Posts in Category: Effectiveness

Isn’t this all about the culture?

We were talking about ‘lean’ and some of the associated benefits. Yes, it was an aside but still quite related to what we were talking about in regards to the production process decisions that need to be made.

I don’t often get into the culture stuff in my operations management (OM) classes – I find that they are often challenging enough, particularly where I have students that haven’t been at university in a while. Sometimes, however, it seems unavoidable.

Why do some implementations of ‘lean’ fail? Do the Japanese have some cultural advantages in making this work? The organisational behaviour and organisational change fall beyond the scope of my OM class, yet I’m no stranger to the concepts (see some of my publications on my staff page).

Simply having a manager decide “Right, we are going to totally change the way we run our operations” is NOT going to have a good outcome. Switching from the way many of our operations have been structured, to transition to a lean environment, represents a significant shift. Sure, implementing one or two tools or techniques can be easily accomplished, but it’s like ‘bolting on’ these techniques to our existing philosophy. Probably, it’s not going to work, and may even be harmful. To really make a success out of lean we need to drill all the way down to our culture and philosophy, which we probably have never even considered so explicitly before.

Like much of what I talk about in OM, congruence and alignment will be necessary to derive the benefits, fully. Simple words; yet, congruence is fiendishly difficult to achieve in a real operating environment.

Can we change the culture? Yes.

Can we do this easily? Not that *I* know of.

Hiring policies, effective candidate screening, intensive meetings and workshops, pilot studies to demonstrate feasibility and benefits, and time, time, time ….  Changing the culture enough to implement lean is a challenging proposition. Even if you do succeed, a lean system is not going to be appropriate for every organisation in every situation. The key to success is matching the operations management approach with your business context.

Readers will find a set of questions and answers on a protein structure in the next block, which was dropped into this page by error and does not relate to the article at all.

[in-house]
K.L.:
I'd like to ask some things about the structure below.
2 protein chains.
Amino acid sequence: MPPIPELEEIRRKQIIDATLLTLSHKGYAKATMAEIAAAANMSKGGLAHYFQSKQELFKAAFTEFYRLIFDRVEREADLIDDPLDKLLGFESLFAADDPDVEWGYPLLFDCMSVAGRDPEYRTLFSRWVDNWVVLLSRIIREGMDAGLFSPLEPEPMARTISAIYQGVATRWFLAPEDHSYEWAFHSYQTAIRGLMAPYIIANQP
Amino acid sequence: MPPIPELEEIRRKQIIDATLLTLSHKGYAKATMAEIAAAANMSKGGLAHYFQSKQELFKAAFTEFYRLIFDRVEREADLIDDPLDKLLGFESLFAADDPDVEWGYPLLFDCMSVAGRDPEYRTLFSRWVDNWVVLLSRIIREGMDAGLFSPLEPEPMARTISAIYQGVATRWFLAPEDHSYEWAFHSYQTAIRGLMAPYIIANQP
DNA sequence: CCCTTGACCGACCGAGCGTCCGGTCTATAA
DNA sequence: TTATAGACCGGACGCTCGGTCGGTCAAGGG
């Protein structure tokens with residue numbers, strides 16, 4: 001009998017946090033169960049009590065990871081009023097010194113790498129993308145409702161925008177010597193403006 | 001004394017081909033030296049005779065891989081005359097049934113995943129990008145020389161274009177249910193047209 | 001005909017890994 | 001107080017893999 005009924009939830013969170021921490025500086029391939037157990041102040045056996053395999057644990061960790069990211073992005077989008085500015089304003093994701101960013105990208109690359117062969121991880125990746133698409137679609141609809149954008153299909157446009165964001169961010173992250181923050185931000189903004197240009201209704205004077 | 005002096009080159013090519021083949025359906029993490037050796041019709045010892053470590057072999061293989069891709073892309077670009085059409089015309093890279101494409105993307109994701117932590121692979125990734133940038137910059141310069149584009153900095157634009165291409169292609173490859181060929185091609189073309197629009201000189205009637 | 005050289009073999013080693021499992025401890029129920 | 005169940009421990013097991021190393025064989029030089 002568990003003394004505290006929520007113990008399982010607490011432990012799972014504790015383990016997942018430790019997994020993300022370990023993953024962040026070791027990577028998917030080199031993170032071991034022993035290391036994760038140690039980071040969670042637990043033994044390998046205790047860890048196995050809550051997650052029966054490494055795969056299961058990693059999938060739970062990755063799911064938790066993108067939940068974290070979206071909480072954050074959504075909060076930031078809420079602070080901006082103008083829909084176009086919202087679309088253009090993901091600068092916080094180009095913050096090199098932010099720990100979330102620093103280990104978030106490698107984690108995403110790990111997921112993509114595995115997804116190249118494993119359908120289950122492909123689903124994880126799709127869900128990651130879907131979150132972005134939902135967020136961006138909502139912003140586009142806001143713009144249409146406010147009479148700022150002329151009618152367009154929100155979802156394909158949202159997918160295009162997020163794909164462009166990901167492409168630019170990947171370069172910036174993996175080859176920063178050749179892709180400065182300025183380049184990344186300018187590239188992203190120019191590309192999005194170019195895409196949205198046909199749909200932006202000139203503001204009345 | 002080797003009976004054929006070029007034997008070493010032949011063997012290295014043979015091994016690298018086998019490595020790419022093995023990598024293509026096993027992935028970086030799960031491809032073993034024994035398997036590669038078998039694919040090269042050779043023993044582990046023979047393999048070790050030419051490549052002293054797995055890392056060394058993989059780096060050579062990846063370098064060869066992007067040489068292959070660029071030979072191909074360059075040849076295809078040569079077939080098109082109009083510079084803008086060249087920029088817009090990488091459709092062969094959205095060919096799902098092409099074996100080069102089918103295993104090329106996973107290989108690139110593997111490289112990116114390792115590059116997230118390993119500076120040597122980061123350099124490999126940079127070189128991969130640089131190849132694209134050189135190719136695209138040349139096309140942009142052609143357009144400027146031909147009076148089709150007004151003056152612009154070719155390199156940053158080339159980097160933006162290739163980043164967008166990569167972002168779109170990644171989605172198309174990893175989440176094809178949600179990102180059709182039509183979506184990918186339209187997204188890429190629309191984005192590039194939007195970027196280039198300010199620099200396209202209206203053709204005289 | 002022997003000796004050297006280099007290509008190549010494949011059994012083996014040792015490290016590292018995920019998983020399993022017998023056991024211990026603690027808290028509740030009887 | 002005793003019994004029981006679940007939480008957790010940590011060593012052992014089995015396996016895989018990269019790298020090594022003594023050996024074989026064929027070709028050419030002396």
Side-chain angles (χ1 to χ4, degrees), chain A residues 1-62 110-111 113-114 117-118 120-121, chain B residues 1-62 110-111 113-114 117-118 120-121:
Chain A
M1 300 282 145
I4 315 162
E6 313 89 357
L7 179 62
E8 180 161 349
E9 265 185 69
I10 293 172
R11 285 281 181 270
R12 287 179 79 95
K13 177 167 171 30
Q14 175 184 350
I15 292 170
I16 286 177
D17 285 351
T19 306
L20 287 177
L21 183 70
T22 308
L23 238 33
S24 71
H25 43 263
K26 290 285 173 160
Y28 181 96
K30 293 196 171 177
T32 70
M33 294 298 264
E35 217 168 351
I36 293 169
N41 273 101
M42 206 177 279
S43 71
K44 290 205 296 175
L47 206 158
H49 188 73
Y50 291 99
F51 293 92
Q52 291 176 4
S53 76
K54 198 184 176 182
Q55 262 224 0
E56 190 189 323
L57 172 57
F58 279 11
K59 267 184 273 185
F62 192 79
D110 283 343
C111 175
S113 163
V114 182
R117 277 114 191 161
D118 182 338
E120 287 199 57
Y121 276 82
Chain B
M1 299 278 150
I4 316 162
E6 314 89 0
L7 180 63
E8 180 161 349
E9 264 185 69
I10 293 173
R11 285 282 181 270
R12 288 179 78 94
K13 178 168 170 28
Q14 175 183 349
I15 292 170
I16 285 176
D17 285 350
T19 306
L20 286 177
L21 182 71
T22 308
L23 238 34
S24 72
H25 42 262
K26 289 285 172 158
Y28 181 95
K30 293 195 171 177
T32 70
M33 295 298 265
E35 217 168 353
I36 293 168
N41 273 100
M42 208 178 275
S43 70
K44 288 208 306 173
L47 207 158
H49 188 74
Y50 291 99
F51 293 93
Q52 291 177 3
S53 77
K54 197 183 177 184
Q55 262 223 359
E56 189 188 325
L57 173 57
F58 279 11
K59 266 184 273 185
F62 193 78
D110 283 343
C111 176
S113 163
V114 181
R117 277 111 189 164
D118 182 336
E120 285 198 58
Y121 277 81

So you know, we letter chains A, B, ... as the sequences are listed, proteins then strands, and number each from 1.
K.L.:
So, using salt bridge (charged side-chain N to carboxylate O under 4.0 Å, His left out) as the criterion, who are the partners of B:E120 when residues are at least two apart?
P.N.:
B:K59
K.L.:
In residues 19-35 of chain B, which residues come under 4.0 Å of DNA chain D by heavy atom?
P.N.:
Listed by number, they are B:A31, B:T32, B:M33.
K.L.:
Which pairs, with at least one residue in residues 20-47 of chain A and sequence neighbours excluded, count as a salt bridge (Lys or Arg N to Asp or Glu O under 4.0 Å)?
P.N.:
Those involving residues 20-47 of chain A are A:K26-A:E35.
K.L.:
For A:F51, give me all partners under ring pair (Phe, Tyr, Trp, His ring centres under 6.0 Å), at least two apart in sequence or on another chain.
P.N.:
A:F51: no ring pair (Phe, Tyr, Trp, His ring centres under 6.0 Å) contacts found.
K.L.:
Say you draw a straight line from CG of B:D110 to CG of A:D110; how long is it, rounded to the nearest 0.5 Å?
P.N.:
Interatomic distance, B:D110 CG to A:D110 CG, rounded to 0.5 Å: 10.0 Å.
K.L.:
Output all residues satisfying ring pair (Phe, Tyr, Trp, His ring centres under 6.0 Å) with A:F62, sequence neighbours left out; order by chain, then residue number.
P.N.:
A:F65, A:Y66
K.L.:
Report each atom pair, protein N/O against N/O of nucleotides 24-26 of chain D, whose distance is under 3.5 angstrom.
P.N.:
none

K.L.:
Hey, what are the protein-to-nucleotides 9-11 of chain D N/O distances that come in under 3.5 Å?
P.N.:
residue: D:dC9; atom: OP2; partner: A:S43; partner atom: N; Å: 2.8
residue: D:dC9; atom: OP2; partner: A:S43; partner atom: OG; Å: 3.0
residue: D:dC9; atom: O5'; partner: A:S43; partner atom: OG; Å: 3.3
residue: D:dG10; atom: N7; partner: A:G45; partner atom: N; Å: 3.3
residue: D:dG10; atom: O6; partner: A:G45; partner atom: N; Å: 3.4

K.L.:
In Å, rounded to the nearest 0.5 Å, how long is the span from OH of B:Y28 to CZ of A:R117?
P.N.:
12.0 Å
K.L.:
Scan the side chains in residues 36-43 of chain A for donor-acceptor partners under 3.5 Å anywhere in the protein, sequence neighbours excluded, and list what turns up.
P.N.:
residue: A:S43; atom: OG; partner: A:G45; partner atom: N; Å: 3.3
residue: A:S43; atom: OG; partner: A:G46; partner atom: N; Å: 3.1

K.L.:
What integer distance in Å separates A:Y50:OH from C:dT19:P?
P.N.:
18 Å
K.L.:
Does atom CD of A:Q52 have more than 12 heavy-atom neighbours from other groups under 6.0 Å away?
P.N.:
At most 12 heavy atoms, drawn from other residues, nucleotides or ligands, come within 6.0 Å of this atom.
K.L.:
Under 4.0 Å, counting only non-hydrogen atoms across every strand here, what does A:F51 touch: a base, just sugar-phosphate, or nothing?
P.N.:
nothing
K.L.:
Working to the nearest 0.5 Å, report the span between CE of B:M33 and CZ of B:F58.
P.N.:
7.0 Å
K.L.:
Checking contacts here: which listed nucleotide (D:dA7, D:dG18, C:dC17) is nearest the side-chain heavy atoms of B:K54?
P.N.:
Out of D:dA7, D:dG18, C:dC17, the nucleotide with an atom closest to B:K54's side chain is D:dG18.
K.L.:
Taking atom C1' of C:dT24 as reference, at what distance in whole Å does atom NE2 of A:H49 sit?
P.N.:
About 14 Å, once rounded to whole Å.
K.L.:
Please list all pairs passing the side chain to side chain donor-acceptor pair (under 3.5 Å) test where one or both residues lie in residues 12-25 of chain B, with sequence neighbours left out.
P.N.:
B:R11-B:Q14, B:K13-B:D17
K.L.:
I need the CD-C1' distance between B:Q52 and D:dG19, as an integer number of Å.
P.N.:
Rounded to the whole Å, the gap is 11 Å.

Research: See the whole supply chain and mark efficiently

How did YOU learn about the complex, interconnected nature of decisions made in supply chains? We often don’t see the impact of a decision we make – the repercussions may be felt months later by some poor worker on the other side of the world. Stuck with the same problem, we’ve been working on improving our presentation and visualisation of supply chains to students. Our research team has, in the past, constructed several simulated components that we hope to be able to combine, with further information overlaid, in a series of structured lessons. In a nutshell – shrinking a supply chain down into a still relatively-realistically represented, simulated, supply chain. And then there’s no end to the ways that you could use this in university or vocational training.
Universities are pushed to improve their efficiency and effectiveness of operations (at least, we have been told so; our experience with burgeoning administration and bureaucracy makes us wonder about this!). Doing our bit – we’ve been working on evaluating different marking and feedback support systems. Hypothesis – using cool technology will help us to do the same job, faster! Well, that’s what we thought, that’s what I perceived during the project, but … what is the data showing us? I have a conference paper with the first set of data will be submitted tomorrow; other data that will help us evaluate is still being collected. (Thanks to Ashley for her help administering the survey.) In any case – this is why we do research, ’cause things aren’t always as they seem …. 🙂